Hello, friends! I cannot wait to tell you all about the wonderful opportunity I had during the first week of August. Thanks to some rockin’ people over at Diabetes World Tour, Every1Matters, and the Sweet Foundation, I was able to join a small group of Type One Diabetics as we backpacked through the Sierra Nevada in California. The team assembled in Las Vegas, Nevada, where we could get to know each other in preparation to summit Mount Langley in the Sequoia National Park.
While I hope to upload a post with a little bit more info about the trip, I wanted to talk first about summit day and our final push to the top.
At this point in the trip, the team had been backpacking for three days through both Inyo National Forest and Sequoia National Park. Summit day was going to be the longest and most difficult day be trekking.
At two-thirty in the morning, we layered up and stumbled from our tents into the cold air. Coffee and cold oatmeal were passed out among the group and eaten slowly in folding chairs that circles the site. We set out at four o’clock and walked the switchbacks by beam of our headlamps. It was still before noon when the final summit came into view. A few more miles of scrambling and we found ourselves standing at 14,042 feet, surrounded by peaks in every direction. Pockets of snow spotted the landscape that was otherwise a series of yellow, tan, and grey. Looking down over a drop-off that was thousands of feet deep seemed to overshadow the fact that we were tired and dirty… mostly dirty.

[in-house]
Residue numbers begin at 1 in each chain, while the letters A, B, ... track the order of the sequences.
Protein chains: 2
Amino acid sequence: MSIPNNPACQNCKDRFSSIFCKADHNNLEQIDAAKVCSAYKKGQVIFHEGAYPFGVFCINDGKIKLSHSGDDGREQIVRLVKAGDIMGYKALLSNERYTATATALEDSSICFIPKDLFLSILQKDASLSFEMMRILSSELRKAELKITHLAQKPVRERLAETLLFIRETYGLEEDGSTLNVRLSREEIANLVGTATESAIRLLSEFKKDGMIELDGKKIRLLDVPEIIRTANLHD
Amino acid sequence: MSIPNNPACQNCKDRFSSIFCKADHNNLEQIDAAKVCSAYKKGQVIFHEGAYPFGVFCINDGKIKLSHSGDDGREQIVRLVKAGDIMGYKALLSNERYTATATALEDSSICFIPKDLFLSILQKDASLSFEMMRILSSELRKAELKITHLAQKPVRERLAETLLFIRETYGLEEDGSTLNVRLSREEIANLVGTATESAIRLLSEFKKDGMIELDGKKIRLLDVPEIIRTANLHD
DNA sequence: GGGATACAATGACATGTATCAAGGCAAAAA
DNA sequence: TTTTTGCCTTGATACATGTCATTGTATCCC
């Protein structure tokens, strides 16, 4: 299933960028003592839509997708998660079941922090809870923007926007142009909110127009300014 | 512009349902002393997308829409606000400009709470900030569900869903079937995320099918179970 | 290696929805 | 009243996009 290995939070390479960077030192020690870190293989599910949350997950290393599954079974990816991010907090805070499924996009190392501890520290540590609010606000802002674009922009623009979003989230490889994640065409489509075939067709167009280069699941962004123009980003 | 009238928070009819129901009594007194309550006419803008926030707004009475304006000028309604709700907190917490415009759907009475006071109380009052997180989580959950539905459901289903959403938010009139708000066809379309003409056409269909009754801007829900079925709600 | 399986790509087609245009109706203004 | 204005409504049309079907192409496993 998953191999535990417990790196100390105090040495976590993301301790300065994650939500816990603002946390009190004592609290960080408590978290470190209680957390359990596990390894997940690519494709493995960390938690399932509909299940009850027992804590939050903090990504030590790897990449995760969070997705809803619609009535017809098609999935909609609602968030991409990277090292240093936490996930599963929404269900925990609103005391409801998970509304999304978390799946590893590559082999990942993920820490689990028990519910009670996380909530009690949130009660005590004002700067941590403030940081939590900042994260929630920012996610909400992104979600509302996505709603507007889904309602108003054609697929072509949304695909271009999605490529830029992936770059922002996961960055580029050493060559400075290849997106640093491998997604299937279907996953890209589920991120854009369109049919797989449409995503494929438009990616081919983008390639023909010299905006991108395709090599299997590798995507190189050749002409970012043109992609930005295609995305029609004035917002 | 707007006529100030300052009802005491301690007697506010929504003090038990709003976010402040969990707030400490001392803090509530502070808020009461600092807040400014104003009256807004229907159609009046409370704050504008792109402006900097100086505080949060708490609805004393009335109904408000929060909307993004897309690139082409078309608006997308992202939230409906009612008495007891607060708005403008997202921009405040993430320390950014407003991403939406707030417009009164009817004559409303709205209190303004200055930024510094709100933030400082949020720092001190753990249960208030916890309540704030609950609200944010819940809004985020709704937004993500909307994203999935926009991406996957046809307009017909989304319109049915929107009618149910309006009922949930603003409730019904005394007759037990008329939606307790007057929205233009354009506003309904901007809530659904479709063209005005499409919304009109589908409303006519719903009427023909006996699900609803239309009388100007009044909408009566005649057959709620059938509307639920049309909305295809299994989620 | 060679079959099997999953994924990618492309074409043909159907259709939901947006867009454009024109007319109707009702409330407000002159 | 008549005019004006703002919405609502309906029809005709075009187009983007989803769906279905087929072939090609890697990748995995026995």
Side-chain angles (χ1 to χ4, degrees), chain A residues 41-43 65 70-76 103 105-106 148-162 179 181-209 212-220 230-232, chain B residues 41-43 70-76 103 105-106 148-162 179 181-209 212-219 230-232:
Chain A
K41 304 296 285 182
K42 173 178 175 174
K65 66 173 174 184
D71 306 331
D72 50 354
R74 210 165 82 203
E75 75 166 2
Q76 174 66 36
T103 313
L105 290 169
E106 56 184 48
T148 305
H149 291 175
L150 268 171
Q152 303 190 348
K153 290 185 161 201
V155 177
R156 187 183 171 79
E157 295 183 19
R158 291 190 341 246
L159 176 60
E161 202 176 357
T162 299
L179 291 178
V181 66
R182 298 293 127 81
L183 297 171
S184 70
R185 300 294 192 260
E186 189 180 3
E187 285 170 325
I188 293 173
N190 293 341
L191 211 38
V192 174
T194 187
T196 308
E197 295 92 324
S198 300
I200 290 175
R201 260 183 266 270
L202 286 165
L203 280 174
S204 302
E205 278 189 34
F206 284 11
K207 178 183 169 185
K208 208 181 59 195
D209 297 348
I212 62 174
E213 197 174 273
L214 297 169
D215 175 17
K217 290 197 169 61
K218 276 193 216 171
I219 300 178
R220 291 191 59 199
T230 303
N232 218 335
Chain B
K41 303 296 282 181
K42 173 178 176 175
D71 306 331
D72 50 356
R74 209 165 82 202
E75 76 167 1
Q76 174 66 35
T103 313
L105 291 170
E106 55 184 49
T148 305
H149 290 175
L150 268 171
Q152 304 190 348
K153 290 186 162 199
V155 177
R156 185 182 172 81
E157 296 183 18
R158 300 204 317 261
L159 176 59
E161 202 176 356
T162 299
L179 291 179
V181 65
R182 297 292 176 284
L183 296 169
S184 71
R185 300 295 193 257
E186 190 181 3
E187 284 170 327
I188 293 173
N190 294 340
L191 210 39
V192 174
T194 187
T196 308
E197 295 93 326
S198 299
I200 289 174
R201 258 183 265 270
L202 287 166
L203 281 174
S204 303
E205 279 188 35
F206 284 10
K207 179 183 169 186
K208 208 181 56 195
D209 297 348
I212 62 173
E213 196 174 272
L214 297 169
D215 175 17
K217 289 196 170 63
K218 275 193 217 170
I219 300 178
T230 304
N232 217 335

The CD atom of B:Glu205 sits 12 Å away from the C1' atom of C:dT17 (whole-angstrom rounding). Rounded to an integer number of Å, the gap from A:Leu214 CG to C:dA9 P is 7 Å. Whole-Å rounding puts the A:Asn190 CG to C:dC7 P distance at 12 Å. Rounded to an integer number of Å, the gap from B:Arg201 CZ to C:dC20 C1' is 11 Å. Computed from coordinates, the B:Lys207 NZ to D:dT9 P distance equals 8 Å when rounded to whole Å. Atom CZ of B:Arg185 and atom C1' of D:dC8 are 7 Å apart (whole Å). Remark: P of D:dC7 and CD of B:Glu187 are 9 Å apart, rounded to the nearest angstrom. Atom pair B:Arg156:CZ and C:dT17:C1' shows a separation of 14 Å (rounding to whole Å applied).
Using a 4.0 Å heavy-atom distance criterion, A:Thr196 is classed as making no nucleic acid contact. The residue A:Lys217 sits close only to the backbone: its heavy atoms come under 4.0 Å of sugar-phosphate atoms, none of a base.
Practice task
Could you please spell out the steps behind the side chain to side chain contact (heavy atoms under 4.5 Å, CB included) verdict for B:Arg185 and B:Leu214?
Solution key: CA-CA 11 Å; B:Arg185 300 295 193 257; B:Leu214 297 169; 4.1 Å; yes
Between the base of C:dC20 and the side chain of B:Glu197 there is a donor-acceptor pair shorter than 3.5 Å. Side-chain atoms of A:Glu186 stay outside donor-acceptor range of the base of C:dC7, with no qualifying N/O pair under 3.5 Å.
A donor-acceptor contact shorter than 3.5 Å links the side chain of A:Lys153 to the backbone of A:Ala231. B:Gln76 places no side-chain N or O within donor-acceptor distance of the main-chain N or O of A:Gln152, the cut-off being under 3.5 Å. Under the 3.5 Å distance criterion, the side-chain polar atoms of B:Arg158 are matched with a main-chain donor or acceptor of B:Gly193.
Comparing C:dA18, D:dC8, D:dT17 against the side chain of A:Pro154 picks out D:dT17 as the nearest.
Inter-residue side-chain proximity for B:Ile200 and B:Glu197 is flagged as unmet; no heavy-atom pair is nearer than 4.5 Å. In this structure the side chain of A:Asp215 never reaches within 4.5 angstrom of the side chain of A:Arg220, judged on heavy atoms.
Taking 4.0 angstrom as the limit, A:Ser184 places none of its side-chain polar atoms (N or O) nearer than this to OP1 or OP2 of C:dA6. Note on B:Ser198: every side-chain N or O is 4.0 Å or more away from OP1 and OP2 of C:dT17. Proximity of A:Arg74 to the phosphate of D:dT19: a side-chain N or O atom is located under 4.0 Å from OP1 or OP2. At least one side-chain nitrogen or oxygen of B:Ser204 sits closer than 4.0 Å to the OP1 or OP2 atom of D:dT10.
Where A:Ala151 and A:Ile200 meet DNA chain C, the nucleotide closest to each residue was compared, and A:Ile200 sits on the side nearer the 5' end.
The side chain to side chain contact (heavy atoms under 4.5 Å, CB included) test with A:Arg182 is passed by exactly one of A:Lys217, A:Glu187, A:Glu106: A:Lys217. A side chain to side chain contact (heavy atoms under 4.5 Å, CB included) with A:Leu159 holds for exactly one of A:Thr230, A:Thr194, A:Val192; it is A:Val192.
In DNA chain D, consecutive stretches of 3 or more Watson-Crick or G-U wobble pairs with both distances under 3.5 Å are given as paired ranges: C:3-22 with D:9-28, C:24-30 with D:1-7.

Several things came to mind as I sat on the edge to take in the view. Mostly, I was shocked by how little I worried about on the trail. All of my problems from back home seemed to melt away to such a degree that I couldn’t even remember what they were when I tried. The textbooks that I needed to order, the boots I wanted to buy, the emails I had to send… none of it mattered as we stood on the summit of the mountain. I realized then that being on the trail seemed to make everything a little bit easier. Clothing on the trek was worn for function and purpose, everything else was disregarded.
I wished in that moment that I could somehow apply this worry-free mindset to the rest of my life…The days off-trail when I am overwhelmed with school, work, and relationships. Maybe all we can do is attempt to remind ourselves of this. Maybe the best we can do is try our best to remember that there exists simple and peaceful places that don’t revolve around consumerism and the opinions of others. That way, we can be on the summit all the time.